Lyme disease Breakthrough, Predicting Autism (Abstract Science: June 5 – 9)
Jillian Scola

Lyme disease Breakthrough, Predicting Autism (Abstract Science: June 5 – 9)

Preventing people from contracting Lyme disease, identifying autism at an early age and shrinking ovarian tumors in women.

Lyme Disease Prevention Drug in Development

(VPR, 6/7/2017, Jane Lindholm & Ric Cengeri)

Ticks are a big concern this time of year. Wouldn’t it be nice if we could find a way to prevent people from contracting Lyme disease? Well, a group of researchers at the University of Massachusetts Medical School are hoping to make Lyme disease in humans a thing of the past. They are working on an antibody drug that would prevent people from contracting the tick-borne disease. The drug is called Lyme PReP, which stands for "pre-exposure prophylaxis."  Lyme PReP is not a vaccine, and as such works differently. Researchers have identified the specific antibody that would defend your body against Lyme disease if bitten by an infected tick. In mice, it is 100% effective and human trials could start as early as next spring.

Baby brain scans can predict who is likely to develop autism

(New Scientist, 6/7/2017, Anil Ananthaswamy)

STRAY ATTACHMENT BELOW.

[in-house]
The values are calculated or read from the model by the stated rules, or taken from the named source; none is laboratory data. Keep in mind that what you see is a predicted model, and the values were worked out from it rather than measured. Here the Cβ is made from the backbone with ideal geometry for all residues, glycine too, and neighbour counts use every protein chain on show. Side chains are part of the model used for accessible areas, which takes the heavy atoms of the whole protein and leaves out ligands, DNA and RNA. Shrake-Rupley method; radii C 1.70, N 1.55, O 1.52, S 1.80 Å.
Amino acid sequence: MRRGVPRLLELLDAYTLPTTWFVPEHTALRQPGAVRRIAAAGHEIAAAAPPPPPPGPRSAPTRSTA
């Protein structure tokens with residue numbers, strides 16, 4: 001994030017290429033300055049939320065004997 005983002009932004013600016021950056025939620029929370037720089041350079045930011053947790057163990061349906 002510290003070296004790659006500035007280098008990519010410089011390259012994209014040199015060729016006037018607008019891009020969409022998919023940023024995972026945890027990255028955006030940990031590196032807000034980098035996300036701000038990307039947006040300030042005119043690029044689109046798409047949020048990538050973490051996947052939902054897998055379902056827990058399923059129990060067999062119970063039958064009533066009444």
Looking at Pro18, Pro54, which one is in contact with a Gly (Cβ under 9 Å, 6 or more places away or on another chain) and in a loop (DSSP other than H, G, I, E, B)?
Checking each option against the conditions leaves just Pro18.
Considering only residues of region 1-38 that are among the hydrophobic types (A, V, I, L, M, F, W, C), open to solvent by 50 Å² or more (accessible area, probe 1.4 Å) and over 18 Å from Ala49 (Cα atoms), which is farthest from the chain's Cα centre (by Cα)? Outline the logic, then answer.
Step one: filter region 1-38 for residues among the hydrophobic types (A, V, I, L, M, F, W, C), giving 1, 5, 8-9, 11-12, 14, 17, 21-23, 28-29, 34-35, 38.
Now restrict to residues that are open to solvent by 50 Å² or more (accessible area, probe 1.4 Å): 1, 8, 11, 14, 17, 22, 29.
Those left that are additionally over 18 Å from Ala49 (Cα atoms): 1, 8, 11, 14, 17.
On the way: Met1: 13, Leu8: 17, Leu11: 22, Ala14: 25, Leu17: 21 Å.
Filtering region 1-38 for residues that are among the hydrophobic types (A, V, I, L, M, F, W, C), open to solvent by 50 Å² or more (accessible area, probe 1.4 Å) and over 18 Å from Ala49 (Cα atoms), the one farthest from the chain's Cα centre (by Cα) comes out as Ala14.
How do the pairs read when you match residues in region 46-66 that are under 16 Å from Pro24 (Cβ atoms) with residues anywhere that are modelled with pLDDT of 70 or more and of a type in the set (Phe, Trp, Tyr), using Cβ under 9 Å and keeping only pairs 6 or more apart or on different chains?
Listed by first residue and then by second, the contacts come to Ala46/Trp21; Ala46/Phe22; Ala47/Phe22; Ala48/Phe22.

A recent study is being hailed as a game-changer for the early diagnosis of autism.  A machine-learning algorithm has analyzed brain scans of 6-month-old children and predicted with near-certainty whether they will show signs of autism when they reach the age of 2. The finding means we may soon be able to intervene before symptoms appear, although whether that would be desirable is a controversial issue. Previous work has identified that bundles of nerve fibers in the brain develop differently in infants with older siblings with autism from how they do in infants without this familial risk factor. The changes in these white matter tracts in the brain are visible at 6 months.

Ovarian Cancer Drug Trial Delivers Astonishing Results

(Lab Roots, 6/8/2017, Xuam Pham)

Ovarian cancers have one of the highest mortality rates, ranking fifth in cancer deaths among women. Of the 22,000 new estimated cases of ovarian cancer this year, only 10-15 percent of patients will be successfully treated.  Those are some alarming statistics.  Thankfully a new trial designed to test the safety of an ovarian cancer drug showed some stunning results in shrinking the tumor in women. The mechanism of action behind the drug ONX-0801 is similar to folic acid. Once inside the cancer cells, the drug blocks a molecule called thymidylate synthase, which induces lethal damage to the cells’ DNA structure. Half of the women in the trial showed reduced tumor size, which  has prompted the swift move towards bigger clinical trials. 



—Compiled by Social Media Specialist Jillian Scola